IAWM CALLS FOR REMEMBRANCE FOR ALL VICTIMS OF WW1 BATTLE OF SOMME AND AN END TO CURRENT IMPERIALIST WARS
Jim Roche, IAWM PRO says:
"The Battle of the Somme’s 100th anniversary is upon us and already the media are glossing over the horrific imperial carnage that it was. We hear of glorious acts of heroism and Irishmen, north and south, dying side by side along with Englishmen and others from throughout the colonies in a supposed fight for freedom. This is the exact distortion of events that the IAWM warned against when we launched our pamphlet What did they die for? in August 2014."
John Molyneux says:
“What all this involved was the repeated willingness to send thousands upon thousands, ultimately millions, of young, mainly working class, men to their more or less certain deaths for the sake of the Empire ………… The Battle of the Somme was only one episode in the vast catastrophe of the War as a whole but it serves, as we mark its centenary, to exemplify the essential character of that terrible crime against humanity.”
We reprint here the IAWM statement issued in August 2014.
IAWM STATEMENT FROM AUGUST 2014
The IAWM statement has been signed by over 70 people including Christy Moore, Sinead Cusack, Robert Ballagh, Felim Egan, Raymond Deane, Trevor Hogan, Prof. Kathleen Lynch, Richard Boyd Barrett TD, Clare Daly TD and various other people from cultural, academic and political life.
August 2014 marks the hundredth anniversary of the beginning of the First World War. Far from being a "war to end all wars" or a "victory for democracy", the war was a military disaster and a catastrophe for humankind which left 16 million dead and 20 million wounded, many horribly so. Britain alone suffered almost 900,000 military deaths and a further 124,000 civilian deaths. Life in the trenches was a living hell. Desertions were punished by firing squad. Those who survived were deeply scarred with many suffering debilitating long-term effects.
The war became a testing ground for new mechanised techniques of mass killing with the development of tanks, gas warfare and aerial bombing that encouraged huge profiteering through the armaments industry. In the US alone, for example, war profits saw the creation of 21,000 new millionaires.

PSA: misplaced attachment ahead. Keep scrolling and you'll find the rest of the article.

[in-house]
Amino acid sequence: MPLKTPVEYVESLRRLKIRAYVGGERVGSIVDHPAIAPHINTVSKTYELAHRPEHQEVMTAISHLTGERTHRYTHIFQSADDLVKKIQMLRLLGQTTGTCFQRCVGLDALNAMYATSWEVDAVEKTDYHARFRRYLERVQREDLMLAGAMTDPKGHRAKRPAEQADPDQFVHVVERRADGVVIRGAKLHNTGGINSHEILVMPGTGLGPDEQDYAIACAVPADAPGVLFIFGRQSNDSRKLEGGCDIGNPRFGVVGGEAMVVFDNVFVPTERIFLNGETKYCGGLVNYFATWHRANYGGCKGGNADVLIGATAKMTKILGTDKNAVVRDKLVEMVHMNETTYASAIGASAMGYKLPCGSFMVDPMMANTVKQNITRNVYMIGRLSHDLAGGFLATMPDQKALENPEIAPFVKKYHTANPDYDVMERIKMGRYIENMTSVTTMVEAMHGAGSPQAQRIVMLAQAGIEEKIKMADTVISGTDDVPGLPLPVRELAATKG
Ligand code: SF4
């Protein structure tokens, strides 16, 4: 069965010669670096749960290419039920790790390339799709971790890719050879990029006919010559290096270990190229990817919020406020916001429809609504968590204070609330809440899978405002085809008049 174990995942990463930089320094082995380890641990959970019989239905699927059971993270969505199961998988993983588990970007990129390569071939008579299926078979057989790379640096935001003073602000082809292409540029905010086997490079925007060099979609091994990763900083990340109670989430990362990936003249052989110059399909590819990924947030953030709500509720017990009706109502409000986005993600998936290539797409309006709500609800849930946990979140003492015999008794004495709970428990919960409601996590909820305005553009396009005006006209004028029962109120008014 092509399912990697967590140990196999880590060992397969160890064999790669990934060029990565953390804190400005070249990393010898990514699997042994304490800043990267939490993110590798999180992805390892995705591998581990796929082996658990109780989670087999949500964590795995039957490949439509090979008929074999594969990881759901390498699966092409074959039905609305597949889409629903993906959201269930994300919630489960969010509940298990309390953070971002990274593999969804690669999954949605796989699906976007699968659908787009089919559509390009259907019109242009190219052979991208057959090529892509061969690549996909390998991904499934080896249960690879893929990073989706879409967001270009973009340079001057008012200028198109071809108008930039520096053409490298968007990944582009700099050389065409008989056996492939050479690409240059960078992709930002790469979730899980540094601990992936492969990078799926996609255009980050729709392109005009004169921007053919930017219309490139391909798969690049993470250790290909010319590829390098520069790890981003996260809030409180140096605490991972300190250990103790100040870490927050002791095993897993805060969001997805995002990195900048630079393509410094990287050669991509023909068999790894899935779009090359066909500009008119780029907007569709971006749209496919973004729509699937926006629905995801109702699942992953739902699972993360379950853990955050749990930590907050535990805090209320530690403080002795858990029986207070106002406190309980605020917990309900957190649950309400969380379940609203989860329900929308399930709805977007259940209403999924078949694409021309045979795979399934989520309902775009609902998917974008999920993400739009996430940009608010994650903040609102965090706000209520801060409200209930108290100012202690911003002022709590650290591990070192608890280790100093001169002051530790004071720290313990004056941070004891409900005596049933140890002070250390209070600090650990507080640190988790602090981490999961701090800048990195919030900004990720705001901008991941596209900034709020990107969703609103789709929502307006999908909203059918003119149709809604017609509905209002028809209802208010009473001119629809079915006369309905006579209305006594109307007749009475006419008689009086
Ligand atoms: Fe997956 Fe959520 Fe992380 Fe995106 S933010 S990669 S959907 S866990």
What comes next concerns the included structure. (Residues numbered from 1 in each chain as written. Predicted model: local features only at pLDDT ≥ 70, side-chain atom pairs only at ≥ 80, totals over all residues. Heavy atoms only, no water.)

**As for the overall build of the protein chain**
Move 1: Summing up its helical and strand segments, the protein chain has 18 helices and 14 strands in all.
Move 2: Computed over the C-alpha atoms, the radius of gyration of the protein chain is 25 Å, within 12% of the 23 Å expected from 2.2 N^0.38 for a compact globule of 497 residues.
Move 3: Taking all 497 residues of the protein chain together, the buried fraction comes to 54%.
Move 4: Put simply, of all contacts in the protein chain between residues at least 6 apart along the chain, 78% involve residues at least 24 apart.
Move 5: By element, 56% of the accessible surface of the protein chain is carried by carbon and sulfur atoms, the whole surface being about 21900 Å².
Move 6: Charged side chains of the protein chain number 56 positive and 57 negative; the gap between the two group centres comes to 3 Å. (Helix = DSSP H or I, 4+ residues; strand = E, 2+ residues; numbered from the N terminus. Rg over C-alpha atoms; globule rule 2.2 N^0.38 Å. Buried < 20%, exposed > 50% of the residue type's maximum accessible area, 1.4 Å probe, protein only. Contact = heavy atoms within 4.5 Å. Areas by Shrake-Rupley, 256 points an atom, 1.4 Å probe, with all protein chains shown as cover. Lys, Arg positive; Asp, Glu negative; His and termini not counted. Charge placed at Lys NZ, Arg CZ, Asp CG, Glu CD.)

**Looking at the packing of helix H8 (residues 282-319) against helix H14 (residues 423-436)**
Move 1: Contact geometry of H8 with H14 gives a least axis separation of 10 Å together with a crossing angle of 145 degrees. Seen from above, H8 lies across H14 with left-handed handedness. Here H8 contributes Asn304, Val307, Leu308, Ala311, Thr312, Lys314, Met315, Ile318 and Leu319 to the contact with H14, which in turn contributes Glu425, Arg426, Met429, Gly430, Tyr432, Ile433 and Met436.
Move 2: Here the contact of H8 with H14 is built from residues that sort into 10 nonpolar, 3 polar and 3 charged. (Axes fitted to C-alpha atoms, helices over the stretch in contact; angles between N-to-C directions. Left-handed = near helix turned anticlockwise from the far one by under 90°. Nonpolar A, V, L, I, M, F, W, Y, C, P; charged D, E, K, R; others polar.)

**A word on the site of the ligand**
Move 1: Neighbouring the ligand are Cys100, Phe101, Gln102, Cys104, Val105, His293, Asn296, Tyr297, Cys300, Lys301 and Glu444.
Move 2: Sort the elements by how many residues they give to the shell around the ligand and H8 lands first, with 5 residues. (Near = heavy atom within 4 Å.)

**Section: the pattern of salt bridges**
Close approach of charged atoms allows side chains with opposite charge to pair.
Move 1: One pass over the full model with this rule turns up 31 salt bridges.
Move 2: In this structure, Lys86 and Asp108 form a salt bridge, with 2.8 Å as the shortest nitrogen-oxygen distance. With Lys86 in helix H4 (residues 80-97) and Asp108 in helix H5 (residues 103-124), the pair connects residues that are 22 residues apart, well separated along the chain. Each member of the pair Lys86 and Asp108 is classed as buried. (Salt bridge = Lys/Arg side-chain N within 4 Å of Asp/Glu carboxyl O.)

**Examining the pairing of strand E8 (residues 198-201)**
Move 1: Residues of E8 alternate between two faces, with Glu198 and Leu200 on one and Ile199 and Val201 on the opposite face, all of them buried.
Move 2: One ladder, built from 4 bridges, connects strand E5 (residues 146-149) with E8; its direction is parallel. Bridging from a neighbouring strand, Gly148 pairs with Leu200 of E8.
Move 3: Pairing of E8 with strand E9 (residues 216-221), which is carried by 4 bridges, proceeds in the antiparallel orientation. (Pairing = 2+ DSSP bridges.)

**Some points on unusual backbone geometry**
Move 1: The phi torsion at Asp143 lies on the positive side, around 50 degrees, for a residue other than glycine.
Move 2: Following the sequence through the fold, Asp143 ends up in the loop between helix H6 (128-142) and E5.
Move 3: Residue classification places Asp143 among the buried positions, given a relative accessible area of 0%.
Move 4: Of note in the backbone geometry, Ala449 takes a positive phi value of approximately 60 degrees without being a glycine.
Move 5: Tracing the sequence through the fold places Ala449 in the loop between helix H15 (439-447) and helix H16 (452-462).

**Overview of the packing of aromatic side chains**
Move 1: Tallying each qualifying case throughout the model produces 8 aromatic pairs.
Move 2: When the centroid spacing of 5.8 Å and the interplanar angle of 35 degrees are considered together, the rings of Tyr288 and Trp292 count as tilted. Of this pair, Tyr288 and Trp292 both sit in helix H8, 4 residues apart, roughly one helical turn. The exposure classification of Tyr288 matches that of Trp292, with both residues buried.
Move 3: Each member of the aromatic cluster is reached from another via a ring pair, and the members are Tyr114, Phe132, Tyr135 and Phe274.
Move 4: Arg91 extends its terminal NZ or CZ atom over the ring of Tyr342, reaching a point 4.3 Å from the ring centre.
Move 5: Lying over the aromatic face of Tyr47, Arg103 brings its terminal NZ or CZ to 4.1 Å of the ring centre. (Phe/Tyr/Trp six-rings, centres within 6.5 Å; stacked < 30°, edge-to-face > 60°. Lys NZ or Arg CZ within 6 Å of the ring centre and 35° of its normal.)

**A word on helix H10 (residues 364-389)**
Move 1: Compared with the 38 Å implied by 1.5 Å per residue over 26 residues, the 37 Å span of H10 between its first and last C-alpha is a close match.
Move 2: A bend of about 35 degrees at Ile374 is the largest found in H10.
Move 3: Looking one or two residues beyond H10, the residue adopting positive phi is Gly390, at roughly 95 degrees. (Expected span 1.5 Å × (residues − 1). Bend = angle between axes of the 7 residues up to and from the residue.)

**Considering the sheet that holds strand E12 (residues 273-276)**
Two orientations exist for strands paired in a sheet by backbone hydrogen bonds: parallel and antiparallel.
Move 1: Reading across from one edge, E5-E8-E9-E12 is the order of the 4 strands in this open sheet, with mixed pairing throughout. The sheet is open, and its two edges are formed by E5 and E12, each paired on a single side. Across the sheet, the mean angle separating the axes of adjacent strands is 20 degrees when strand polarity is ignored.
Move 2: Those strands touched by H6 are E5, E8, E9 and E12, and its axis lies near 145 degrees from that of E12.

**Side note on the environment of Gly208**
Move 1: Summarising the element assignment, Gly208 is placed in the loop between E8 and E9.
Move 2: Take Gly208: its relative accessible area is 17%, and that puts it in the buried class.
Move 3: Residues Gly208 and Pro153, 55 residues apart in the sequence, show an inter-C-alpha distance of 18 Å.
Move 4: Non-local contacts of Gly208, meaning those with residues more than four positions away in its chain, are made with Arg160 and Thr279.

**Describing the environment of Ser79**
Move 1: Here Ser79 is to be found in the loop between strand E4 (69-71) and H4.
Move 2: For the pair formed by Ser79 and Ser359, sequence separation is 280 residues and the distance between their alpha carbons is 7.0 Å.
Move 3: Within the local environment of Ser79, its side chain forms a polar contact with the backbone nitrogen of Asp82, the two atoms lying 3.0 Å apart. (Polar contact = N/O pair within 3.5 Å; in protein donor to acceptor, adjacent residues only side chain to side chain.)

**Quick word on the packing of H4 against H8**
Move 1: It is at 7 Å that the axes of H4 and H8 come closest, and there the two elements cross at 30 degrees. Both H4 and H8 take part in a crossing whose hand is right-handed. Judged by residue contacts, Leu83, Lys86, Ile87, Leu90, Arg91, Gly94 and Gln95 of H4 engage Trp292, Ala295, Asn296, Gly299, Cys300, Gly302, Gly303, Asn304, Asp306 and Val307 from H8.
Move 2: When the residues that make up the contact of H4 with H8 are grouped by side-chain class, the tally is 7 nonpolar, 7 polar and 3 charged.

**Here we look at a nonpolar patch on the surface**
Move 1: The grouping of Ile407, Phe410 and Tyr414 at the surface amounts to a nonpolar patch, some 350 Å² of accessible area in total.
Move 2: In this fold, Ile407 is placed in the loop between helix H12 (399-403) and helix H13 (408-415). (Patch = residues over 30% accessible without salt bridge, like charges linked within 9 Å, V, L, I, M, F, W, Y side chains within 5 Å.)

The dominant, simplistic justification for World War 1 is that it was a tragically necessary expedient to halt German domination of Europe. We believe it is important to remember that this war was driven by the major imperial powers’ competition for influence around the globe. It was an unnecessary slaughter conducted for the benefit of the few at the expense of the many. Many of the lies told to justify the war on all sides at the time resonate today as young men are cajoled into fighting wars for spurious reasons.
We believe it is vitally important that the sacrifice of the 49,000 soldiers from the island of Ireland who died in World War 1 should be commemorated. We also believe that the supposed good cause for which they died should be exposed for the imperial slaughter that it was. We are not in any way disrespecting the memory of dead Irish soldiers by criticizing the architects of this carnage but we dispute the revisionist narrative idealising the ‘good cause’ that these soldiers died for, a narrative often used to supposedly bridge the nationalist and unionist traditions.
We call on the Irish government not to use the occasion of the commemorations to justify the slaughter of World War 1, or to justify the ongoing militarisation of Europe or the current state of perpetual warfare being promoted by the major world powers. In a time of serious international tension and seemingly perpetual war we call on everyone, but especially Governments, to ensure that this anniversary is used to expose the real reasons behind World War 1, to analyse the senseless succession of wars in the intervening hundred years, and to promote peace and international co-operation in an effort to end all war forever.
Jim Roche, PRO, Steering Committee IAWM, Tel. 087 647 2737
John Molyneux, Secretary, Steering Committee IAWM, Tel. 085 735 6424
Glenda Cimino, Steering Committee IAWM, Tel. 086 124 9456
Memet Uludag, Steering Committee IAWM, Tel. 087 7919307
Michael Youlton, Chair, Steering Committee IAWM, Tel. 086 815 9487
Edward Horgan, Steering Committee IAWM, 085 851 9623
Marnie Holborrow, Steering Committee IAWM, Tel. 087 988 9244
Gearóid Kilgallen, Steering Committee IAWM, 01 2800866
For more information on the IAWM see:
Website – www.irishantiwar.org
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